In a remote village surrounded by banana trees, little children in their pyjamas and dirty clothes happily count “1, 2, 3, 4, 5” as they copy their teacher doing aerobic exercises before class.
The informal looking preschool in Kampot province’s Touk Meas district is essentially an open air classroom, with children between the ages of three and five sitting on a plastic mat covering the dirt floor. There they play with educational toys as chickens forage around them.
This provision of early education, nutrition and health checks is part of the village-based preschool and community development project carried out by the Cambodian Children’s Advocacy Foundation Organisation (CCAFO).
“We have three goals for our village – to provide a preschool programme of quality education, nutritious meals and regular medical check-ups,” Hing Channarith, the organisation’s CEO and co-founder, said.
Registered in early 2006, this Cambodian NGO’s aim is to provide early childhood education and English as foreign language to the neediest communities in rural areas, hoping to tackle poverty at the grassroots level in vulnerable segments of Cambodian society.
Channarith, a 57-year-old from Kampong Thom province, used to work for Veterans International Cambodia (VIC), a non-profit international NGO which provides rehabilitation services for persons with disabilities in Cambodia.
He served as VIC’s country director between 1996 to 2005 before deciding to embark on his own project.
“With my experience in writing project proposals for an international organisation and donors, I wanted to utilise my knowledge to improve the education sector. I want to reach rural communities in Cambodia by providing free preschool and foreign language lessons to local children,” Channarith told The Post.
Since 2006, the Phnom Penh based organisation has been implementing its two village-based educational projects in Kampot and Kampong Speu provinces.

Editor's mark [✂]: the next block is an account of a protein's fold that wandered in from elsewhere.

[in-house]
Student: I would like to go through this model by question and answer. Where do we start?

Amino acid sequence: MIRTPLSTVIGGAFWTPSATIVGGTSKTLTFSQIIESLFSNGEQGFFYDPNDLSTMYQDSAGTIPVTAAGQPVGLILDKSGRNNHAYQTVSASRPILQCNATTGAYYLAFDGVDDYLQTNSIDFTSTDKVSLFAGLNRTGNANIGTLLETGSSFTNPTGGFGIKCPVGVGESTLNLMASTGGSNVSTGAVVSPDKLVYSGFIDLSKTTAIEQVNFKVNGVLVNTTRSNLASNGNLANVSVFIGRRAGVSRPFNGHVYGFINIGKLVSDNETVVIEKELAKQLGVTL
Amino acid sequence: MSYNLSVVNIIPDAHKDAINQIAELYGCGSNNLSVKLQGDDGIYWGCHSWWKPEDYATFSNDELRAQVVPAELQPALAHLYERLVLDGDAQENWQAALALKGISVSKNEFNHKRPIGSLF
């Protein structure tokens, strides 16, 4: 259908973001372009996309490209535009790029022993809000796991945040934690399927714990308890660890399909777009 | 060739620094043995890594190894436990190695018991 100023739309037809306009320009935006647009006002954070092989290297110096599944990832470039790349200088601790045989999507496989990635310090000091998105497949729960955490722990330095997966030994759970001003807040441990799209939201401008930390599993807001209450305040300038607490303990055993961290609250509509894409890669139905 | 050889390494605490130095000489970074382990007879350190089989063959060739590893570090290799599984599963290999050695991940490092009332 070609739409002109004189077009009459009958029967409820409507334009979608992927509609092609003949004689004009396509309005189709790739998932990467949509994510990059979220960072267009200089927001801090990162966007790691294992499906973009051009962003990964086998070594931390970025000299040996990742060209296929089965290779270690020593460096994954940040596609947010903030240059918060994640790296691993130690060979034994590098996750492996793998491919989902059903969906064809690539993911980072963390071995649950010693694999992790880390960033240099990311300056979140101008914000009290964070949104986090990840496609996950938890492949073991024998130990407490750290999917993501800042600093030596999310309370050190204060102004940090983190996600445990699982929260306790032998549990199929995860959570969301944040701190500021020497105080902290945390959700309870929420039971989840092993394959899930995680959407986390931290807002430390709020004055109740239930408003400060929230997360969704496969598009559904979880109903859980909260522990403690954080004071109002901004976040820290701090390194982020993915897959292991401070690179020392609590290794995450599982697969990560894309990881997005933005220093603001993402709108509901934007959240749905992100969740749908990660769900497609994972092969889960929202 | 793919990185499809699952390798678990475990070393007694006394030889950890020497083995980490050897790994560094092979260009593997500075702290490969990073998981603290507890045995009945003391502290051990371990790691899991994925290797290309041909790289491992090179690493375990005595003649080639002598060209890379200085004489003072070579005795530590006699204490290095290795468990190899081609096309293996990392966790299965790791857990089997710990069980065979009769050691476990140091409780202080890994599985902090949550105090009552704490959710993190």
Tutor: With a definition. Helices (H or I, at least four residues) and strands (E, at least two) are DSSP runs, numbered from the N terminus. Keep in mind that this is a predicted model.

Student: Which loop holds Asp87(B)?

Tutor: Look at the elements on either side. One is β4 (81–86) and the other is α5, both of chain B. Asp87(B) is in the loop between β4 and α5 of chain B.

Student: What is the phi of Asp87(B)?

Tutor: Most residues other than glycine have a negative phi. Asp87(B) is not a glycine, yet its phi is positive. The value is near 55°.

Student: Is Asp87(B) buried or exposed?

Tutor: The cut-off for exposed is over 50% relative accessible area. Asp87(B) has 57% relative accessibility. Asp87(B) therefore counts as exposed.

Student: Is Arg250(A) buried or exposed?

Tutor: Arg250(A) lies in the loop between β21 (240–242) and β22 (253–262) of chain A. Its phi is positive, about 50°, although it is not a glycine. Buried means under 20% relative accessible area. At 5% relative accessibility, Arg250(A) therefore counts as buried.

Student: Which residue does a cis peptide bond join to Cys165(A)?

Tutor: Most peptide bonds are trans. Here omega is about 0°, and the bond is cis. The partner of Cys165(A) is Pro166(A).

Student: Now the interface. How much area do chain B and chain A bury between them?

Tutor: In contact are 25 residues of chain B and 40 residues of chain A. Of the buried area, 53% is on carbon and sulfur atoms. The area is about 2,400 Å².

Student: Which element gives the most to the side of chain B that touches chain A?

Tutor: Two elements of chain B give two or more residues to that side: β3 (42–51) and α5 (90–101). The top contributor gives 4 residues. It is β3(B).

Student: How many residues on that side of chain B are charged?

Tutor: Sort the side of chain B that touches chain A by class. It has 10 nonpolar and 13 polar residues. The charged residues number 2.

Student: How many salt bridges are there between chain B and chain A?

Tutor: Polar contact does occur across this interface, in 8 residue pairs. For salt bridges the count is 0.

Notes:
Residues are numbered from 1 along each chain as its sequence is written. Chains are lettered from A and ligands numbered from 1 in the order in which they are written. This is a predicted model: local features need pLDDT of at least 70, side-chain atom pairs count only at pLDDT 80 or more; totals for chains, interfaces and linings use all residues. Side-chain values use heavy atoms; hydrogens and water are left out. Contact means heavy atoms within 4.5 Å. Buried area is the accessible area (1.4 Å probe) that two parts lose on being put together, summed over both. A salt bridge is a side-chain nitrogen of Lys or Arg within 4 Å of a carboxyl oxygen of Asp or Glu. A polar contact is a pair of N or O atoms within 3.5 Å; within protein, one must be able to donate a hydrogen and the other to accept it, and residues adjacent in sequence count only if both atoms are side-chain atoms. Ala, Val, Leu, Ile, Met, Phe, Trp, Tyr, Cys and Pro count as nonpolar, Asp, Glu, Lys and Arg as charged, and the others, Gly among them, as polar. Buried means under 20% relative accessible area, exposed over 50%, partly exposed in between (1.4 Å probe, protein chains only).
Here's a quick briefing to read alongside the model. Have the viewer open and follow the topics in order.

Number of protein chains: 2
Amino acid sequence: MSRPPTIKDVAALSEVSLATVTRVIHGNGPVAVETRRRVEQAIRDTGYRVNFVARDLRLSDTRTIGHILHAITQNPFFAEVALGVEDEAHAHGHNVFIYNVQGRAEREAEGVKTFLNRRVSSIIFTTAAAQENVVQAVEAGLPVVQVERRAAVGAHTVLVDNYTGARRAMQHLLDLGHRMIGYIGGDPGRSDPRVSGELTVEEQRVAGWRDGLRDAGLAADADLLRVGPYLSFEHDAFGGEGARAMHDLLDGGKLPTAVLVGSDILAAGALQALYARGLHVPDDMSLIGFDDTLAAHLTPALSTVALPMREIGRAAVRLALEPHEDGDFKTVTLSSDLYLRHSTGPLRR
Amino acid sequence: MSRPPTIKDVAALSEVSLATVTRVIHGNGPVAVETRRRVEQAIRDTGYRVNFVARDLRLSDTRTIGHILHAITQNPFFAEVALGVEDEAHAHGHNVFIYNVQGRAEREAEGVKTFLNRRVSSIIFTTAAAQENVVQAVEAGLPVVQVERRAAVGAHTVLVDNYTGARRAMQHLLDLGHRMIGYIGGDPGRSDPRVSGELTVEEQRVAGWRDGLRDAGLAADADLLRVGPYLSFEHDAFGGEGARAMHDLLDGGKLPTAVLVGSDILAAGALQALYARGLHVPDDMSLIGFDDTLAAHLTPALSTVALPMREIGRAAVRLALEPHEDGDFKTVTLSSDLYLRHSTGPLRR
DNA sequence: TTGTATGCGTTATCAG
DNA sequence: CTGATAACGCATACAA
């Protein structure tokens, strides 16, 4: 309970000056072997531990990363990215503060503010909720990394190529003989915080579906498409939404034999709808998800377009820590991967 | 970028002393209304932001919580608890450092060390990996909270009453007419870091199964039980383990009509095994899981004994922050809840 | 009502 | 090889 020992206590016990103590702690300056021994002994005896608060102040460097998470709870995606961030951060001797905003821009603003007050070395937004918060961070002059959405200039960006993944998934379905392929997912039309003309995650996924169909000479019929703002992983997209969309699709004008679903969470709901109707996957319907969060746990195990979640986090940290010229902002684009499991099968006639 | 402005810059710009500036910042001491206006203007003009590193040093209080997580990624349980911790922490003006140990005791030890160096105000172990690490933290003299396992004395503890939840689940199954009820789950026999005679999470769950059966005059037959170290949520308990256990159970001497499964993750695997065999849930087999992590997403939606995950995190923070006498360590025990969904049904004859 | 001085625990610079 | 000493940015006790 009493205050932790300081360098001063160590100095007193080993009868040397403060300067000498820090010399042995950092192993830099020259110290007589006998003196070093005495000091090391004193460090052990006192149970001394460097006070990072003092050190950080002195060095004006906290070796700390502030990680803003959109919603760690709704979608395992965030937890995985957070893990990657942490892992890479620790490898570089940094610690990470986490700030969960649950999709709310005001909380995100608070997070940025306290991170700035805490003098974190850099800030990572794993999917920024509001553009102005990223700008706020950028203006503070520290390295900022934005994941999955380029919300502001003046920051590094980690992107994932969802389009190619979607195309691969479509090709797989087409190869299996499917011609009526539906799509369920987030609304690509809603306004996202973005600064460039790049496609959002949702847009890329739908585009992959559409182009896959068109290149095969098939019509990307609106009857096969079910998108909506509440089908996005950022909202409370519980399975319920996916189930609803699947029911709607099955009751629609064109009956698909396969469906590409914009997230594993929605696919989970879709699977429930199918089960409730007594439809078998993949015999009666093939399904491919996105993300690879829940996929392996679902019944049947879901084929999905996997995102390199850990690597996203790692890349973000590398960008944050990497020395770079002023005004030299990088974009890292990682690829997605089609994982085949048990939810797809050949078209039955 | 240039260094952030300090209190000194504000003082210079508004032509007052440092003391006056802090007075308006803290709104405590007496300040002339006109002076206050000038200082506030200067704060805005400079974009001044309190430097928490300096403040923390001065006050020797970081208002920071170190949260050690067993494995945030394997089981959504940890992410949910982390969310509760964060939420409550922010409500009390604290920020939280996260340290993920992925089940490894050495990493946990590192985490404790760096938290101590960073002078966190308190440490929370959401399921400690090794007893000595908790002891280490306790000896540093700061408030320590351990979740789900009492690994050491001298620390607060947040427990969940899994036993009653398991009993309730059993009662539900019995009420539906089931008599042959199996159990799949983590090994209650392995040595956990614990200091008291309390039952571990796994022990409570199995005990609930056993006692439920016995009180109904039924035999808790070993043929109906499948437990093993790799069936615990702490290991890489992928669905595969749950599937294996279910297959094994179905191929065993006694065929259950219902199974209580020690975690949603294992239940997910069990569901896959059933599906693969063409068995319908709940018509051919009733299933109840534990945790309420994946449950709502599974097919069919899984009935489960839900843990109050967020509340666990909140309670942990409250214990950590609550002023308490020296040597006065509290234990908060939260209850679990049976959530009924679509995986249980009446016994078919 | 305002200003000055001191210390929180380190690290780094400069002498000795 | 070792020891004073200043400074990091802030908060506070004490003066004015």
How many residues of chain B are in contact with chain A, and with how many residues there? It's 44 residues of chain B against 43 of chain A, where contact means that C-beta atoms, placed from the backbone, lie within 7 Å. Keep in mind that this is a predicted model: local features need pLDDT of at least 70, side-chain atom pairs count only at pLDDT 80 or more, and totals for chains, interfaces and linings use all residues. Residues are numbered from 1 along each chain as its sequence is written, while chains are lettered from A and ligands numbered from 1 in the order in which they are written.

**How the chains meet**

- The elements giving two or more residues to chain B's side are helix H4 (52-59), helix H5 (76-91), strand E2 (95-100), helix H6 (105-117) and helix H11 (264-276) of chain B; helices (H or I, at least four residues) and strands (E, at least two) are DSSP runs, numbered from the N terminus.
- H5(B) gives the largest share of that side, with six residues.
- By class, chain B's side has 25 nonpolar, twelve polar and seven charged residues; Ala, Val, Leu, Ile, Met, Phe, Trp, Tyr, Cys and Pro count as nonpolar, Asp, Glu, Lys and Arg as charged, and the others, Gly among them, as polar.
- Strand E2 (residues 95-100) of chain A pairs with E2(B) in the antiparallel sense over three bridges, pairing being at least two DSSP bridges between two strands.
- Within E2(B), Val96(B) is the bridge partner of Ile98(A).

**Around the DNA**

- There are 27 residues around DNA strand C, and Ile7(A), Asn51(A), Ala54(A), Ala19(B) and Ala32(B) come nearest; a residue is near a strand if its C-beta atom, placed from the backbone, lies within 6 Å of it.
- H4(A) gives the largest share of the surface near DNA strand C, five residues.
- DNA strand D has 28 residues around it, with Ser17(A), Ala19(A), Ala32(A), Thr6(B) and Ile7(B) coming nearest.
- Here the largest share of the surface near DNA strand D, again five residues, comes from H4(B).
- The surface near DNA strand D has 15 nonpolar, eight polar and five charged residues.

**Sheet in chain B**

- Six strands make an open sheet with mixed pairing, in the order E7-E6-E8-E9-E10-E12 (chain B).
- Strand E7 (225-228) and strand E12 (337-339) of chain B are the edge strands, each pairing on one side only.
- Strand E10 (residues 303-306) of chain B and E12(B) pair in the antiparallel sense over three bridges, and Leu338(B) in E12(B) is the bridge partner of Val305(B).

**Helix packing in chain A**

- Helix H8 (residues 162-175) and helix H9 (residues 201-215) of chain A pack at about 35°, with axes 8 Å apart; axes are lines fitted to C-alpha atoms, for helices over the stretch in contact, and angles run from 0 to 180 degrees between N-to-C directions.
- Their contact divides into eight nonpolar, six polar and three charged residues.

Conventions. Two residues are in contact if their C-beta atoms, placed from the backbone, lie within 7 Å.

“We have been promoting preschool education in 19 locations in the two provinces. We believe that the future economic growth of Cambodia will be based on the knowledge of the younger generation. Therefore, we focus on educational programmes,” he said.
Channarith believes expanding early childhood education is a key strategy in reducing late primary school enrolment, as well as the number of students who fail and drop out.
“Our preschools are set up in rural areas where there are no government preschools. We provide nutritious food for children when they attend the morning session, and during the meal, students learn important habits like washing their hands, thanking the teacher and cleaning the dishes,” he said.
Besides hygiene, which remains a problem in remote communities, the organisation also stresses the importance of basic healthcare and has the children checked regularly.
“Along with the nutrition programme, we work with the local government hospital to conduct a physical check-up. If they need any medical treatment or surgery, then we can refer them to hospital,” Channarith said.
He said that rural families often need to be convinced about the advantages of early education, with CCAFO sending teachers to have conversations from house to house, updating parents and relatives about the child’s performance.
“After teaching each afternoon our teachers visit individual families to tell the parents about the progress of their children. We also help parents register their children who are six years old to start grade one in primary school. They are fast learners compared to children who have never attended preschool,” said Channarith.
A second main project of the organisation provides secondary school-age teenagers with English classes to boost their employment prospects.
“The purpose of the language project is to help in the reduction of poverty by addressing its root causes, and to assist the Cambodian government in providing services for the most vulnerable communities,” Channarith said.
Since 2014 the organisation has built a strong network with other organisations, working with the likes of iHerb Charitable Foundation, as well as serving as a local partner for a Hong Kong-based NGO on a project building classrooms in Cambodia.
“We have helped five education organisations and centres in three provinces, including Siem Reap, Kampong Thom and Svay Rieng provinces. One of them is the Takin Foreign Language Center which receives a monthly budget of $700.”
After 13 years of operation, Channarith hopes to integrate the preschool under the local commune council so that the teachers can become contracted government teachers.
“We will focus on building capacity for the CCAFO preschool teachers in order to integrate them as contract government teachers and to integrate the preschool under the commune council.
“We are also continuing to fundraise and search for donors to help us sustain our projects,” he said.
CCAFO is located on Posenchey district’s Street 2001 in Phnom Penh. More information can be found on the organisation’s website (www.ccafokhmer.org) or by telephone (023 890 186).